Two more strong arguments for universal health care

U.S. Trails Other Nations in Chronic Illness Care - Reuters

Would Passing Universal Health Care Kill the GOP? - AlterNet

Right-wing radio: behind the rancid curtain

Secrets of Talk Radio - Milwaukee Magazine

Maybe we should all send the White House a case of Excedrin

LATE ADDITION: Starving for Change - TruthDig

Obama's picks: deep experience or deep disappointment?

And just how do you combine the experience we need with the change we want?

The largely delighted:

The largely disgusted:

In short, no one knows what it all amounts to, and neither to I. Under the circumstances, I think the shrewedest observation comes from Firedoglake's Jane Hamsher:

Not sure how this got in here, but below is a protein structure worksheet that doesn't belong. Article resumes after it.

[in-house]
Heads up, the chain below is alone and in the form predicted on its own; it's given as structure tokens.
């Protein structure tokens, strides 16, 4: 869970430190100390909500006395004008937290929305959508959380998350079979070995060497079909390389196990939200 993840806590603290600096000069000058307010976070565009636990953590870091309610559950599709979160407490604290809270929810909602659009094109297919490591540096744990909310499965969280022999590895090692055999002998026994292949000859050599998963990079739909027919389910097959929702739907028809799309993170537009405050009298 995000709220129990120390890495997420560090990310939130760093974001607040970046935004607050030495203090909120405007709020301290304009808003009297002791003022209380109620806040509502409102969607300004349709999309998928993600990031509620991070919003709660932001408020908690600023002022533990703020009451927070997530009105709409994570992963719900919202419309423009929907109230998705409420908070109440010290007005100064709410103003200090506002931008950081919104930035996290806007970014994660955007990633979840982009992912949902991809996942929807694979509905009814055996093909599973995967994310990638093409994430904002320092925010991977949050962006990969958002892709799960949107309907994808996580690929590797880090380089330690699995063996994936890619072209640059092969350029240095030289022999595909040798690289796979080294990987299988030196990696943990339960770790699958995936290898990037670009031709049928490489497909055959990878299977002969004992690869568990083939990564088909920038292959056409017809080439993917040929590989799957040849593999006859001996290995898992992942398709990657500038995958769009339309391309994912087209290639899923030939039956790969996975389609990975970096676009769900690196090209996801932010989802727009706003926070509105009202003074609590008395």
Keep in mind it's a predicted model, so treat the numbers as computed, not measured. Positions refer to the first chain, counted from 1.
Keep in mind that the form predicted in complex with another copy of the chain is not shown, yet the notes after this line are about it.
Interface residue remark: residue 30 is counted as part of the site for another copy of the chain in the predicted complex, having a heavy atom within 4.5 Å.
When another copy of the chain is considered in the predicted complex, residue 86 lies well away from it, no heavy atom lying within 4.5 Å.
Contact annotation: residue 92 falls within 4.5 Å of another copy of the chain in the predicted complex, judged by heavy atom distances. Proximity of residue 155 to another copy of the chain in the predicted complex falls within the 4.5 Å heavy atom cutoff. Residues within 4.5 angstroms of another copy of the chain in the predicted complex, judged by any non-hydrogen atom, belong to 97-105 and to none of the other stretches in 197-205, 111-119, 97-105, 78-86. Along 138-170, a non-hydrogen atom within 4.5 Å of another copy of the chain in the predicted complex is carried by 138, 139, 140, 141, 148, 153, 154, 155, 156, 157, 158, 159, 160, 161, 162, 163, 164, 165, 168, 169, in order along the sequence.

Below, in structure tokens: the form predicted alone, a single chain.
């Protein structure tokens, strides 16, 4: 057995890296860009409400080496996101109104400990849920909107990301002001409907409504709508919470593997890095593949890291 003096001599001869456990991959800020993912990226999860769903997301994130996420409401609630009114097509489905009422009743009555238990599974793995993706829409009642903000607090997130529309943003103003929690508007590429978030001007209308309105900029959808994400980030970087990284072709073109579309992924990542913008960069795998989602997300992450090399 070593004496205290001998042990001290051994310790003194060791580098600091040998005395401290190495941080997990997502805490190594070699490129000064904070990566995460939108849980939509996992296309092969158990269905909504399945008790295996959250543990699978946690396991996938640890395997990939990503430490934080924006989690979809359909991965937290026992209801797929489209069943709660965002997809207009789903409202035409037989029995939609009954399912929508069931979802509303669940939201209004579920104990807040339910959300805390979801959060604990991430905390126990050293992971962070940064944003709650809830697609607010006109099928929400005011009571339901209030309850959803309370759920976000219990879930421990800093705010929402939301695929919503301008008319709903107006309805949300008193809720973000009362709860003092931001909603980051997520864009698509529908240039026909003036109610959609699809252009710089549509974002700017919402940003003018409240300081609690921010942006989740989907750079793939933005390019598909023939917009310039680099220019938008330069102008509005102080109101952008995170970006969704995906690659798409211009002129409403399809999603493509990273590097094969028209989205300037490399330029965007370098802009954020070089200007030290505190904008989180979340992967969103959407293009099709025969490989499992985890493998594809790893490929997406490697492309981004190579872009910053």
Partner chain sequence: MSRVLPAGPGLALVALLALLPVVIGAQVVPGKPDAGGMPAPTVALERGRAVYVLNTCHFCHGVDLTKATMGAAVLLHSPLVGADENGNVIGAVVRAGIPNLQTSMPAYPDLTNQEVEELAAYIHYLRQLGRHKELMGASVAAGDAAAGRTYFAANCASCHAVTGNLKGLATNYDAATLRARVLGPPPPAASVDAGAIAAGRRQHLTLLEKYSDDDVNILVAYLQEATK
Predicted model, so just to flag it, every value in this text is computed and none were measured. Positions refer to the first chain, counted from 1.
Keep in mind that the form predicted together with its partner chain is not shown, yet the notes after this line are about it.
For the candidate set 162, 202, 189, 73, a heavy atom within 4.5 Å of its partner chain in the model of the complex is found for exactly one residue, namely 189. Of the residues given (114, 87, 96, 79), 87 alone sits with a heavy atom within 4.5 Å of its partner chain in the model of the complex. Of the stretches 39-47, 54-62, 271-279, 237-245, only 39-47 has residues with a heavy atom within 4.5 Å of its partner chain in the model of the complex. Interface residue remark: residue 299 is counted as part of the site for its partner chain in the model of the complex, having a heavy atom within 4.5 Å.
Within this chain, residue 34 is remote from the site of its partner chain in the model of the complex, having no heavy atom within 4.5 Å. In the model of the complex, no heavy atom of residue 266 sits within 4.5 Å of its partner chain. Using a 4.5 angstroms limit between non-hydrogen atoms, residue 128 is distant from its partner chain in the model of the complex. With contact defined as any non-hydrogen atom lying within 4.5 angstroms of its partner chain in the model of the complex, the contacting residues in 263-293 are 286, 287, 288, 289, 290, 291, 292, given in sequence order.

[T]he proof will be in what [Obama] actually does....
[F]or people who convinced themselves that Obama was the second coming of Saul Alinsky -- wake up. He never was. He may, however, be the most progressive person we could have possibly hoped to elect as President of the United States.
Your job, should you choose to accept it, is to help keep the obstructionists off his back and push him to fulfill his campaign promises to end the war, pass health care legislation and the Employee Free Choice Act, clean up the environment, reduce our dependence on foreign oil, repair our infrastructure, create good jobs and restore the middle class.
That's what he promised us, and while I'm obviously not wild about the dearth of progressives in his administration..., I'm less concerned with who he chooses to implement his policies than with his ability to ultimately do so.